School of Social Work

The School of Social Work was founded in 1961 and has grown to become one of the largest and most respected schools of social work in the United States. In a short period of time, the school has emerged as the leader in social work education in Maryland and become known to national and international audiences.

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Richard P. Barth, PhD, MSW

Social Work Education

Adoption

Foster Care

The author of 12 books and more than 200 scholarly articles, Dr. Barth is recognized as a leading expert on several social topics including social work education, adoption, foster care, and child welfare. Dr. Barth, who is the former dean of the School of Social Work and past president of the American Academy of Social Work and Social Welfare, speaks across the globe on important social work topics and ways social work helps improve communities and the human condition.

Neijma Celestine-Donner

Equity, Diversity, and Inclusion

As the School of Social Work’s first assistant dean for diversity, equity, and inclusion, Neijma Celestine-Donnor will help lead the school's diversity and anti-oppression efforts and guide the achievement of a new standard for inclusive excellence. As a member of the dean’s executive leadership team, Celestine-Donnor has a strategic position responsible for promoting and enabling an inclusive environment for faculty, students, and staff while championing organizational change. Grounded in pursuing social justice for minority populations and supporting equity in higher education, Celestine-Donnor is an experienced leader focused on providing strategic oversight for protocols, services, and policies related to campus climate. She uses her clinical and conflict resolution skills to provide individual and systemic trauma-informed outreach, advocacy, and support for all. Her extensive experience developing, facilitating, and assessing professional development workshops, training, and programming designed to enhance the intercultural competency of students, faculty, and staff will be a tremendous benefit to the school. Celestine-Donnor comes to the school from the University of Maryland, College Park, where she served as director of campus climate support and engagement in the Division of Diversity and Inclusion. She is a 2009 graduate of the School of Social Work’s MSW program and previously served as a clinical training instructor and adjunct faculty member at the school. In addition, Celestine-Donnor is studying for a Juris Doctor degree from the University of Baltimore.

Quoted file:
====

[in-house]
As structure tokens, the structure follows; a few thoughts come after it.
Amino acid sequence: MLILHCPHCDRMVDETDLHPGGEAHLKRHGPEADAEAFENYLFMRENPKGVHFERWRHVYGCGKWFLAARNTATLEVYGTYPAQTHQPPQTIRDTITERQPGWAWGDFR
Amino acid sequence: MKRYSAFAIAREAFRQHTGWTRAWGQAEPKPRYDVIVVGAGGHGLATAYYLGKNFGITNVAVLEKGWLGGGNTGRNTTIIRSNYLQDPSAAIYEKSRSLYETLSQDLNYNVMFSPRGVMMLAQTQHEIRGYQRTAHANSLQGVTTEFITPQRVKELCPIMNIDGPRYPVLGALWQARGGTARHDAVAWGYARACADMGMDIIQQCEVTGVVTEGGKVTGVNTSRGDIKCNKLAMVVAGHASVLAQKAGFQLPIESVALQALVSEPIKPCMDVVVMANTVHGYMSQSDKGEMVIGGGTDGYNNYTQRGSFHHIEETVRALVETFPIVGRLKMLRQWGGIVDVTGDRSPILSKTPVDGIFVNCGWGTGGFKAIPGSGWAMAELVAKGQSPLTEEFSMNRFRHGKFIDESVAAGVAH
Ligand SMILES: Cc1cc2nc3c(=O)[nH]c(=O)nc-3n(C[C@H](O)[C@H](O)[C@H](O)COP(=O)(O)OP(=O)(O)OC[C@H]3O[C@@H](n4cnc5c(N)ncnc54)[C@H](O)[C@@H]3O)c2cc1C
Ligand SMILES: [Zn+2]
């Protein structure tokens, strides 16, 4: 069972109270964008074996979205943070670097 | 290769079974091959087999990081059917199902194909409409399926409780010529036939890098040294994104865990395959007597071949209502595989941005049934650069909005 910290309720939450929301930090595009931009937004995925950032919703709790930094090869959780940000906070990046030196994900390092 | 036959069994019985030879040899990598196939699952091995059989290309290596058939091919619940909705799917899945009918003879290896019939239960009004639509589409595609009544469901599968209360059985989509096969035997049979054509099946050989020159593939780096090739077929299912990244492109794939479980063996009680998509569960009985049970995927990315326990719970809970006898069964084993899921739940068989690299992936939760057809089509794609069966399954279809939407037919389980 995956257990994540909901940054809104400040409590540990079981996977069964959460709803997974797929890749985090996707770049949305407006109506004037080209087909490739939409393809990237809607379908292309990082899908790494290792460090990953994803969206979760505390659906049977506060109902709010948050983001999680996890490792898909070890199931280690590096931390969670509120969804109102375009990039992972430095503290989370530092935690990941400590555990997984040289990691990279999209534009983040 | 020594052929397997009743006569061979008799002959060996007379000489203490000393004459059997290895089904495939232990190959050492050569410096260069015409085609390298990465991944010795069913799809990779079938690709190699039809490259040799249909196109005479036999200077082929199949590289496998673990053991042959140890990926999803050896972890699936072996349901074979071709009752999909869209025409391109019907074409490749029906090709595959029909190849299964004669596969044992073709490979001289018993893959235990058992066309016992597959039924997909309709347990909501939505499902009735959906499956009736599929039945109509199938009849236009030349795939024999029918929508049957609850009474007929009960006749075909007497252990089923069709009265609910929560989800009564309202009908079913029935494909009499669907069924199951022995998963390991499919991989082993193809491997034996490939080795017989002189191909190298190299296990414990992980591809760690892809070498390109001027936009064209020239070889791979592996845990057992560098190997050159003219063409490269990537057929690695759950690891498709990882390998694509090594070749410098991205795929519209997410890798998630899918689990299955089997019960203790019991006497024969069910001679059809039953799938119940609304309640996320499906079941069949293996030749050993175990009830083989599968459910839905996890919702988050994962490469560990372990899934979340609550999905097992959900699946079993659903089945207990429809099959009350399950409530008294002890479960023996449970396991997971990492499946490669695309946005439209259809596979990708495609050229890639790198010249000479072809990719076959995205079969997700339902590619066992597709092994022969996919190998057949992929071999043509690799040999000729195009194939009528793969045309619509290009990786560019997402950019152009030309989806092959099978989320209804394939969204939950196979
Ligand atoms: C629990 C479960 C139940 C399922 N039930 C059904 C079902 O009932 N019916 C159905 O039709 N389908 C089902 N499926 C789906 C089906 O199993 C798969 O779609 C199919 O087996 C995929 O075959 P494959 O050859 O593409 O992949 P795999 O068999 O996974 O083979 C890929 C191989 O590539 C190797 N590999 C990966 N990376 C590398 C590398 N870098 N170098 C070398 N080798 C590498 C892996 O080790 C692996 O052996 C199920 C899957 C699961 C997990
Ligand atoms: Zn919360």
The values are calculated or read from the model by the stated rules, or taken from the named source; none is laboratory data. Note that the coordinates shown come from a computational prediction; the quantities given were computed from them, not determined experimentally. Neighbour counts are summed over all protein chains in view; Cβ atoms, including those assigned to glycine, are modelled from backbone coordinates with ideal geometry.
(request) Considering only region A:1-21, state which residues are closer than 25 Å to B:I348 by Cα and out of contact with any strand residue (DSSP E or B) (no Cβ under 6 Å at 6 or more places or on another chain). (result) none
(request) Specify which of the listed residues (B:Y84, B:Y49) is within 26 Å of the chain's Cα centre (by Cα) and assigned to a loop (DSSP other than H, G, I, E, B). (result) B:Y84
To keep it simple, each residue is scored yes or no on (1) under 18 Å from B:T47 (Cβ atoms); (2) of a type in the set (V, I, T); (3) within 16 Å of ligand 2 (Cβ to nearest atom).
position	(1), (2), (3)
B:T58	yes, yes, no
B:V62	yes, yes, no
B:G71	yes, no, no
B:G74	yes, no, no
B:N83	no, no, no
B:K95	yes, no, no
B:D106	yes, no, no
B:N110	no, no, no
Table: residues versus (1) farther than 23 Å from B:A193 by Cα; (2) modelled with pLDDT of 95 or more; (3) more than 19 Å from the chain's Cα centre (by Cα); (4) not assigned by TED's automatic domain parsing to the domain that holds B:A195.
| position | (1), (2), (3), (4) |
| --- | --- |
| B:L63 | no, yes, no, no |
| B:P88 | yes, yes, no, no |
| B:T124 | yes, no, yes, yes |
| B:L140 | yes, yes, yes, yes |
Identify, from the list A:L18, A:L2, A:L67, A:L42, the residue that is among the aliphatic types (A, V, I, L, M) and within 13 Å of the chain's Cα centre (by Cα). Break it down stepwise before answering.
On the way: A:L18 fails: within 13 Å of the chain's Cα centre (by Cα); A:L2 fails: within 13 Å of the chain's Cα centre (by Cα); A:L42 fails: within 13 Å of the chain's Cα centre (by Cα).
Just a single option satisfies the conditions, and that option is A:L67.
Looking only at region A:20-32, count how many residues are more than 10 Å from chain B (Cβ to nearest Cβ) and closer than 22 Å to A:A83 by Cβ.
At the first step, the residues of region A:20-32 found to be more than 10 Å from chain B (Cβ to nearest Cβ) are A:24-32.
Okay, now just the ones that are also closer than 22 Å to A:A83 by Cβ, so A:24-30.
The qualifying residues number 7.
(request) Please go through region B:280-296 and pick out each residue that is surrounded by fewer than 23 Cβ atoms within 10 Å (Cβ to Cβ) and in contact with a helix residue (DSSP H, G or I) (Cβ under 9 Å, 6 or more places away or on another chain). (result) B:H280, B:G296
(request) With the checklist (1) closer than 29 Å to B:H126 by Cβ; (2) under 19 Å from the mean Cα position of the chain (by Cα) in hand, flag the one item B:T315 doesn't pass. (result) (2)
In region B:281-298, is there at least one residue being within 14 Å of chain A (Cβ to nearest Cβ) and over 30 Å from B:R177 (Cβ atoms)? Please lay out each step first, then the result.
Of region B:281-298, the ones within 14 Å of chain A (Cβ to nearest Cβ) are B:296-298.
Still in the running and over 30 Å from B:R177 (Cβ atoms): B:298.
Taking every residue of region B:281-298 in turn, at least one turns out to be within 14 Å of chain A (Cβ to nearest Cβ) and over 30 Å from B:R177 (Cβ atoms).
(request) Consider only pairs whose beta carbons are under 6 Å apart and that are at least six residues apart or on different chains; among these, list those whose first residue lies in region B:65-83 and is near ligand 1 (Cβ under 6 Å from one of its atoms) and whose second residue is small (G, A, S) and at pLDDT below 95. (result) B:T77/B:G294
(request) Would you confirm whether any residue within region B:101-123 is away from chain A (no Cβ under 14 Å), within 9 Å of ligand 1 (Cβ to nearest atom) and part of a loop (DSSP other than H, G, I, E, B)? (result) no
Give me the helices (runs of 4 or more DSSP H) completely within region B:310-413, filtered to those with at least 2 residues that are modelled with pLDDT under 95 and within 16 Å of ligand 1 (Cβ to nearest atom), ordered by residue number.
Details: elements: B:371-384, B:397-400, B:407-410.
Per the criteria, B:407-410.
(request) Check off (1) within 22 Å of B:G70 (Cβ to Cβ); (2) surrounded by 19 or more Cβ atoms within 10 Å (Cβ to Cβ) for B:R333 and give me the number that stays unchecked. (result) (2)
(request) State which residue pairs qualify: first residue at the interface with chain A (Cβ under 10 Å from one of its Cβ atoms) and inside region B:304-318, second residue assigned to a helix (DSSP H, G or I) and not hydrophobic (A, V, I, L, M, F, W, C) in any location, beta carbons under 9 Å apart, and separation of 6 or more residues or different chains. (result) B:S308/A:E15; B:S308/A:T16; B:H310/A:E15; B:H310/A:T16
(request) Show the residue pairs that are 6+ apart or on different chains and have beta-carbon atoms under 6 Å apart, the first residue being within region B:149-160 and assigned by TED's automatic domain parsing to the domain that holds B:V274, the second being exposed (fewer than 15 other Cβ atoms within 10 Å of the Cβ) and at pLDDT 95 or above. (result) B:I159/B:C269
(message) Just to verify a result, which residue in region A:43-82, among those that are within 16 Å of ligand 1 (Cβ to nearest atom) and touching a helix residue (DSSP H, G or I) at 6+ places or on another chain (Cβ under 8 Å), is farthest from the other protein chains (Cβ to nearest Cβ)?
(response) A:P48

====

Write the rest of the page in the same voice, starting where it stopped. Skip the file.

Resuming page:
Neijma Celestine-Donnor, MSW, LCSW

Diversity

Equity

Inclusion

Neijma Celestine-Donnor leads the School of Social Work’s (SSW) diversity and antioppression efforts and is helping to guide the achievement of a new standard for inclusive excellence. As a member of the dean’s leadership team, she has a strategic position responsible for promoting and enabling an inclusive environment for faculty, students, and staff while championing organizational change. Celestine-Donnor came to SSW in August 2020 from the University of Maryland, College Park, where she served as a director in the school’s Division of Diversity and Inclusion. She is a graduate of SSW and is pursuing a law degree.

Megan Meyer, PhD, MSW

Social Work Practice

Sociology

Political Science

Dr. Meyer has taught community organization and macro social work practice at the School of Social Work for 17 years. Dr. Meyer’s research and publications have been interdisciplinary, spanning the fields of social work, sociology, and political science. She has sought to examine the practices and challenges of building social capital and organizing for social change in economically distressed urban environments, barriers to and practices in facilitating collaboration among community-based organizations and associations, and effective practices for community-university partnerships. She received her PhD and MSW degrees from the University of California, Los Angeles.

Judy L. Postmus, PhD, ACSW

Domestic Violence

Intimate Partner Violence

Dating Violence